Slivina, who spent the first 11 years of her life in Russia before her family moved to Kyiv, has always had a strong spiritual connection to Ukraine and to her family. The day the invasion began, she stayed home from school, eyes glued to the news, awaiting text messages from home. Her 19-year-old brother had to stay in Ukraine because men cannot leave the country, and her mother, a doctor, decided to stay to care for the wounded.
With the help of support staff, coaches, and teammates, Slivina was able to handle her emotions and continue to perform at the highest level.
She is once again a bright shining light on the USC women’s rowing team and brings her positive spirit and energy to practice every day, no matter what is happening back home. An international relations and social sciences major, she trained in taekwondo until age 15, and at the suggestion of a physical education teacher, she transitioned to rowing. She competed for Ukraine at the 2020 and 2021 European Championships, and last year, she competed in 15 regattas for the Trojans, earning top five finishes at three events.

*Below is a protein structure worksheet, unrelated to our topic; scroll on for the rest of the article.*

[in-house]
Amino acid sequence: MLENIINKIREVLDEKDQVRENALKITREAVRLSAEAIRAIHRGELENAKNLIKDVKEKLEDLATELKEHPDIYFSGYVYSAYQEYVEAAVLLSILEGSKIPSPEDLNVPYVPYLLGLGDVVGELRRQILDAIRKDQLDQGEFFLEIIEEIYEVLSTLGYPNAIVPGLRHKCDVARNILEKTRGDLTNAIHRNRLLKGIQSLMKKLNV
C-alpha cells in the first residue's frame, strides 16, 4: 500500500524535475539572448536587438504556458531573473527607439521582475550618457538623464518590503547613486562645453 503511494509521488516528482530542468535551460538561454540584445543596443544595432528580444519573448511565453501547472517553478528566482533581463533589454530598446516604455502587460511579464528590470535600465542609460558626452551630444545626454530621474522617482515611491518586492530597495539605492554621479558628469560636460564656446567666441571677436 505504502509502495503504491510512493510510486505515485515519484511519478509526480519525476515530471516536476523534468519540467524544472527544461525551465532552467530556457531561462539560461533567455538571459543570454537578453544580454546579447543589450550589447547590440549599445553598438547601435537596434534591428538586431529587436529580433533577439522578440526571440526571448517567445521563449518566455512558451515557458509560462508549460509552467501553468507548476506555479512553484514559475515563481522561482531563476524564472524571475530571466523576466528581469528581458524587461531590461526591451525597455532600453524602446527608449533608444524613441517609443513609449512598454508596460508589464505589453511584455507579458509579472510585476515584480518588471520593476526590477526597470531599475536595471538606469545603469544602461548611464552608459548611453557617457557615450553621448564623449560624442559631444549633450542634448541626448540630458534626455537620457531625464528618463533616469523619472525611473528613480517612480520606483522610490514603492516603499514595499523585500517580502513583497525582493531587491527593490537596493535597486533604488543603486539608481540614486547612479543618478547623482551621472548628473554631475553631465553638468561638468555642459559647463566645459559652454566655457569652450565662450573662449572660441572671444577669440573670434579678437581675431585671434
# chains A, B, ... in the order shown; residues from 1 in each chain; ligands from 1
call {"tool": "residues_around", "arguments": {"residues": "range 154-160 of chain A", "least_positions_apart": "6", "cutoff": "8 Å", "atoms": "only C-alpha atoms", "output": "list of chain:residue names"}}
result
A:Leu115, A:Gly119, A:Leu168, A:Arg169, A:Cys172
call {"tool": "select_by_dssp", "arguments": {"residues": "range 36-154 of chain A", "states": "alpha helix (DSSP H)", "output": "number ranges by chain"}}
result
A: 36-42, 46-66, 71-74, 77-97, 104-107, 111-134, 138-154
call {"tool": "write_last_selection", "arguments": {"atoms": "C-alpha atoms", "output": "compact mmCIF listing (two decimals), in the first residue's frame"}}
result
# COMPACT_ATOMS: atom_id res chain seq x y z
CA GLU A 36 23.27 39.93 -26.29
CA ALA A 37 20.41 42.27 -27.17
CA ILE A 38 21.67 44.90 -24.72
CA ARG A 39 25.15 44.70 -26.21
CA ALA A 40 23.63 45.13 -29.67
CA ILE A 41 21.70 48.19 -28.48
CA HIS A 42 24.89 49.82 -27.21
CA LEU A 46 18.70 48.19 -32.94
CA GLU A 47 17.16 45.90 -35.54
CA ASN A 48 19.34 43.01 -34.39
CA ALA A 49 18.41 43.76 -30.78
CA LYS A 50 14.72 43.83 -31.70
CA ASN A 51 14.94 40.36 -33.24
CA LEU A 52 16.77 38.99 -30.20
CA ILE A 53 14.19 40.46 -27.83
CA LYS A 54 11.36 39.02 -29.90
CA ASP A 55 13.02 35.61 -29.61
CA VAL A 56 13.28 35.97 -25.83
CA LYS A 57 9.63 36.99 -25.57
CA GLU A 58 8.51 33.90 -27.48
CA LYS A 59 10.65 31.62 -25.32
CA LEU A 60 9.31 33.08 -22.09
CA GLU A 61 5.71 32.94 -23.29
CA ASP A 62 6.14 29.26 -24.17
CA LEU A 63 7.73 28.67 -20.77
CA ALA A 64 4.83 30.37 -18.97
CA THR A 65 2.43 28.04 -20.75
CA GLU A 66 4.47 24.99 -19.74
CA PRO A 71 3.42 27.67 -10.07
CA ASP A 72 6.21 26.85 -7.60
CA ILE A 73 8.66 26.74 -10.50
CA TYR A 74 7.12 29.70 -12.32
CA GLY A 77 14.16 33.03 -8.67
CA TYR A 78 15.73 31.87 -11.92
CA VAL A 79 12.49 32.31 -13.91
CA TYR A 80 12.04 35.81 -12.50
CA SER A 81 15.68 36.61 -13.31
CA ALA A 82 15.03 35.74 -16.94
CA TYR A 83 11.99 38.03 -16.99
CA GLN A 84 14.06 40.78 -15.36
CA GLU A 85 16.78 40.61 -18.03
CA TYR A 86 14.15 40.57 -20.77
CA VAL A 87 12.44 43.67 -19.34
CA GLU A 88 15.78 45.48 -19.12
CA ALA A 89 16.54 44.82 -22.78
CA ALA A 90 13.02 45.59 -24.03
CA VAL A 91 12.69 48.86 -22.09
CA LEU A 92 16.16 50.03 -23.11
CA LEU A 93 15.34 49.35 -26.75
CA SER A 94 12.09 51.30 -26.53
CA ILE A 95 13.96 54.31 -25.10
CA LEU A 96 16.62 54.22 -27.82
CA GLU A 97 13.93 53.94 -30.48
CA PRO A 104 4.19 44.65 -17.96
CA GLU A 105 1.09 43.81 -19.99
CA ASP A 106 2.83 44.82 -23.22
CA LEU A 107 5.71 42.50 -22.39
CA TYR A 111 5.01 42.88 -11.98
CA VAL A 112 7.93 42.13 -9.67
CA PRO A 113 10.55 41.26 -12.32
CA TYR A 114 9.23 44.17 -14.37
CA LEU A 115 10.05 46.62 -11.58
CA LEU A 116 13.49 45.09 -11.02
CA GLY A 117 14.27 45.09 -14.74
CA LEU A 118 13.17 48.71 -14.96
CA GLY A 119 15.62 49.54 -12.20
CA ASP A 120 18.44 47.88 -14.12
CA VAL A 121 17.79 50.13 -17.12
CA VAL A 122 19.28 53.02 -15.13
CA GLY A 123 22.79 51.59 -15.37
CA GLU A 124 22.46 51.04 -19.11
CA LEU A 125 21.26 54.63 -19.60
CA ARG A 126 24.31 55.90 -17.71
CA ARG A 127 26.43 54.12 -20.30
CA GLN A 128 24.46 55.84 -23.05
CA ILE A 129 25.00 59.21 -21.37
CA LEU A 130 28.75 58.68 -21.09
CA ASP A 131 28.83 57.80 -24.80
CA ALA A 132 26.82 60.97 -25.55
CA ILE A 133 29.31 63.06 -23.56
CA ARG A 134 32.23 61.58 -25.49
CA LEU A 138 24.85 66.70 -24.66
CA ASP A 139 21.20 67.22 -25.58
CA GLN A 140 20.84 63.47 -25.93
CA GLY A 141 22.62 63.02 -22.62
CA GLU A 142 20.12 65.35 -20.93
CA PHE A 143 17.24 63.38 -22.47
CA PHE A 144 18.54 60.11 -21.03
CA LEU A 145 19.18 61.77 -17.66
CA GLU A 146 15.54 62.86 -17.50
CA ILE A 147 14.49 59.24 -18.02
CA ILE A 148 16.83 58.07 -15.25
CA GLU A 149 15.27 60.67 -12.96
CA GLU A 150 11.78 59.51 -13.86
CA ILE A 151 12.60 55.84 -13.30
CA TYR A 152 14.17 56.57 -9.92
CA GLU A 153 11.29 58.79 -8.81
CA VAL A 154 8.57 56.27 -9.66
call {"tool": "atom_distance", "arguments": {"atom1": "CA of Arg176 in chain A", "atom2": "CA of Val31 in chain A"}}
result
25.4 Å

“Immediately following the start of the conflict, I became very sensitive to things that I wouldn’t be sensitive to otherwise,” she said. “I remember last spring that when one of my coaches said some completely normal things to me, I cried because my mental state was off. With the help of the sports psychologists at USC, my friends, and my teammates, and the passage of time, I have been able to regain a bit of normalcy. I still get upset when I receive news from Ukraine, but I have learned that it is okay to not always be okay.”